Gardner’s Theory of Multiple Intelligences
Harvard University psychologist Howard Gardner, author of Multiple Intelligences, believes that human beings possess nine intelligences, including the “musical intelligence,” “bodily kinesthetic intelligence,” and “logical- mathematical intelligence.” Children possess a natural awareness and sensitivity to musical sounds. They explore music with more spontaneity than any other age group, and they venture forward into music and movement activities with their voices, their bodies, and their emotions. The whole child is involved. The child’s affective, cognitive, and psychomotor responses to a musical encounter are the hallmark of creativity. Gardner (1973) provides us with a very perceptive observation that paints a lovely picture of children and their music:
The child attending to a piece of music or a story listens with his whole body. He may be at rapt attention and totally engrossed; or he may be swaying from side to side, marching, keeping time, or alternating between such moods. But in any case, his reaction to such art objects is a bodily one, presumably permeated by physical sensations (pp. 152–153)
This intelligence involves the ability to perceive, produce, and appreciate pitch (or melody) and rhythm and to appreciate the forms of musical expressiveness. Composers, performers, musicians, conductors, and “the child attending to a piece of music” all possess a great deal of musical intelligence. Conductor and composer Leonard Bernstein, composer and performer Ray Charles, classical composer Igor Stravinsky, conductor Zubin Mehta, the world’s “First Lady of Song” Ella Fitzgerald, renowned 20-century pianist Arthur Rubinstein, and guitarists and songwriters James Taylor and Eric Clapton are all examples of individuals with immense musical intelligence.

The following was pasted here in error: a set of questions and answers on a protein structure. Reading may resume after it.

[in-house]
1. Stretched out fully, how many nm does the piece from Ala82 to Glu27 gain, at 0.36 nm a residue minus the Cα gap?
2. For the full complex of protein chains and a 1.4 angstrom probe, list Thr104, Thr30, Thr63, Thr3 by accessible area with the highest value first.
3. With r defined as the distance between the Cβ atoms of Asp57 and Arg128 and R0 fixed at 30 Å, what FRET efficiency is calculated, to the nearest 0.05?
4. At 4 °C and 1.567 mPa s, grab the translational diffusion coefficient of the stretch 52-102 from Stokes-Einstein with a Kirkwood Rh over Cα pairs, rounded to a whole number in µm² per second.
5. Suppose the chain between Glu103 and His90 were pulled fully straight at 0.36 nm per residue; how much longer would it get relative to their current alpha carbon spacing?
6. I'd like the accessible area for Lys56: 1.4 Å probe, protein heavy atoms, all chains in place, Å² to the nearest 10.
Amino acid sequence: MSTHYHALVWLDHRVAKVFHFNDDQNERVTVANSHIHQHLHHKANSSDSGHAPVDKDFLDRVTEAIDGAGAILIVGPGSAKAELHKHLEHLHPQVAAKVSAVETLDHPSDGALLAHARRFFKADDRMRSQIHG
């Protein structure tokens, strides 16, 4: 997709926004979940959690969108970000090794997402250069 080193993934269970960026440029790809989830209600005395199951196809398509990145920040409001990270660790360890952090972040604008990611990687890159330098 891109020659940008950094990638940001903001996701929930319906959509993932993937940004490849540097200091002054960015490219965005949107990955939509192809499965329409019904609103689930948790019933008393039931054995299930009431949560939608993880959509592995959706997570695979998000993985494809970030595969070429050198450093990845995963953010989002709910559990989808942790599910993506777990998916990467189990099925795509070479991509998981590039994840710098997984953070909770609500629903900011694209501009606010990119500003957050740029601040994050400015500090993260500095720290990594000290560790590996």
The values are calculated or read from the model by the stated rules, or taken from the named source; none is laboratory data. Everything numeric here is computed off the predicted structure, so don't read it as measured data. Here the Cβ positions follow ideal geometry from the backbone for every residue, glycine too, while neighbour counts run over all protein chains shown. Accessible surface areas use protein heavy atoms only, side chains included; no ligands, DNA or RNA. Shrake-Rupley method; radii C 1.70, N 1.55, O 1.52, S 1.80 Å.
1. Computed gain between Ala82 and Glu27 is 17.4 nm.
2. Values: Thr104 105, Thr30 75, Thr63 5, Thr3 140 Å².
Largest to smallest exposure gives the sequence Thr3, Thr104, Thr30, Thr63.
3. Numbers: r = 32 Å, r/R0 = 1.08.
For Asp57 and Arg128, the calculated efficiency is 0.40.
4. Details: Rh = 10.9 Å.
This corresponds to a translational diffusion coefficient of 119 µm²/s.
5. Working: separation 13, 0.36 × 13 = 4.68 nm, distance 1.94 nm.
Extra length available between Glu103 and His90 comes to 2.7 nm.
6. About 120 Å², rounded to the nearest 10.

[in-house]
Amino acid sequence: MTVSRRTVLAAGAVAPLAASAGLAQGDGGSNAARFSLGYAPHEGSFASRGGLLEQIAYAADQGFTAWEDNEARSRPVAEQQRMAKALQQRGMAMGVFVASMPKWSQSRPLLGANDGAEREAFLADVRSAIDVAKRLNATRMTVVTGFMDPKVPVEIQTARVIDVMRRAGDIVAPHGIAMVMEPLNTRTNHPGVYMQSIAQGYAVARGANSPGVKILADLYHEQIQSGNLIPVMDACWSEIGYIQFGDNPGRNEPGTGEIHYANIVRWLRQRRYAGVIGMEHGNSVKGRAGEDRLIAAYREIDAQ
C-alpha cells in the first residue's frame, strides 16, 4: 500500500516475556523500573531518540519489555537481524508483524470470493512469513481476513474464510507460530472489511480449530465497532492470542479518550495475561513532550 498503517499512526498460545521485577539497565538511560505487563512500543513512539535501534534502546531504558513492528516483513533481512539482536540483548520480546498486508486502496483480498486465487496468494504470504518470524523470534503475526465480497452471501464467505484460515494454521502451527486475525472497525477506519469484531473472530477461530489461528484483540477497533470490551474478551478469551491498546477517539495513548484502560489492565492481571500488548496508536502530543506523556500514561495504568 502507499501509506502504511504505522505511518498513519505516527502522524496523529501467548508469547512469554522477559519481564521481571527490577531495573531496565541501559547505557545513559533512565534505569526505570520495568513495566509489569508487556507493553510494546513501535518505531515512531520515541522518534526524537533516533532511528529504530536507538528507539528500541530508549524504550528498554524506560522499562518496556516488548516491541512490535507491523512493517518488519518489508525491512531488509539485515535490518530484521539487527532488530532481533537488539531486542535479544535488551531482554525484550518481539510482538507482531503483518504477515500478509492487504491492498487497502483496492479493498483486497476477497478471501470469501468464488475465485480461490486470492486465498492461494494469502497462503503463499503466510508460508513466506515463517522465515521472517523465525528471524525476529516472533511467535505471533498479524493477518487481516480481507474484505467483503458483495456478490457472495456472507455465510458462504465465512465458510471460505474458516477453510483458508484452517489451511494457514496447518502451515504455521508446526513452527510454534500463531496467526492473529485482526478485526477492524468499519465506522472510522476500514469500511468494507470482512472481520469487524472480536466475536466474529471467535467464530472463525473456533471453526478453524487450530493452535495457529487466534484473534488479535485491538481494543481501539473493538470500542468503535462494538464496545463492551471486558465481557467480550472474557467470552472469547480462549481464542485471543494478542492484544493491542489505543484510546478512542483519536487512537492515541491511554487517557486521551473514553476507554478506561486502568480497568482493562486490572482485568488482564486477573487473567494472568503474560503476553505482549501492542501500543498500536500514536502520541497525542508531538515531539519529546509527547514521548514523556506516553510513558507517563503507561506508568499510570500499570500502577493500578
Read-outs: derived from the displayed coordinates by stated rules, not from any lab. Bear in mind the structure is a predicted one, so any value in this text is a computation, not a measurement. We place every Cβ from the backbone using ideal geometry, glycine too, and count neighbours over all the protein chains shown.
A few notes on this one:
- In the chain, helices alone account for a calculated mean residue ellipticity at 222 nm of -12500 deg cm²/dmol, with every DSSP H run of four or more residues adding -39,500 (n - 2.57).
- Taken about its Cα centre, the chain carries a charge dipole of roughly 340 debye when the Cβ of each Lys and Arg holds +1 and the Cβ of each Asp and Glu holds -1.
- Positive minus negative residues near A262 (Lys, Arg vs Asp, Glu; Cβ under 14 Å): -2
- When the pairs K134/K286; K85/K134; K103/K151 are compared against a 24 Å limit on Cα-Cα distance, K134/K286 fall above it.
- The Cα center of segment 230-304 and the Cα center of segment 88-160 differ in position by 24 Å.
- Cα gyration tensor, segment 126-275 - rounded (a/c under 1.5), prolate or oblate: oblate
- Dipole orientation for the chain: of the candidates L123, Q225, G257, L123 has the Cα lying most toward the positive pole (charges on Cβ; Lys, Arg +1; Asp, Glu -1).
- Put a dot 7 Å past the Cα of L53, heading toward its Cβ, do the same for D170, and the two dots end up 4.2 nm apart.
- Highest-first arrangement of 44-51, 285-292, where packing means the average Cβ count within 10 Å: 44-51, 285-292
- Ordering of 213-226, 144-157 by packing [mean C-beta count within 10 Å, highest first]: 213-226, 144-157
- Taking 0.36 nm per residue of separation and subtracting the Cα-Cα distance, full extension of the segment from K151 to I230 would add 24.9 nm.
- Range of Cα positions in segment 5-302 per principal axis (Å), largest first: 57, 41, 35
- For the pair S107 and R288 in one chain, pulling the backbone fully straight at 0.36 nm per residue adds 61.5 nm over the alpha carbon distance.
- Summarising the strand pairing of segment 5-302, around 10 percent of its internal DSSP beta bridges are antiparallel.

The ability to control one’s body movements and to handle objects skillfully are the core components of bodily-kinesthetic intelligence. Gardner specifies that bodily intelligence is used by dancers, choreographers, athletes, mimes, surgeons, craftspeople, and others who use their hands and bodies in a problem-solving kind of way. Classic examples of individuals whose skills are embodied in this form of intelligence include American dancer and choreographer Alvin Ailey; Isadora Duncan, the pioneer dancer of this century; Katherine Dunham, the first choreographer and dancer to bring African dance to the American stage; Charlie Chaplin and Buster Keaton, the great silent clowns of the past; and contemporary masters of humorous characterizations, such as Robin Williams and Bill Cosby. Athletes like Venus and Serena Williams and Michelle Kwan also excel in grace, power, and accuracy.
© ______ 2005, Merrill, an imprint of Pearson Education Inc. Used by permission. All rights reserved. The reproduction, duplication, or distribution of this material by any means including but not limited to email and blogs is strictly prohibited without the explicit permission of the publisher.
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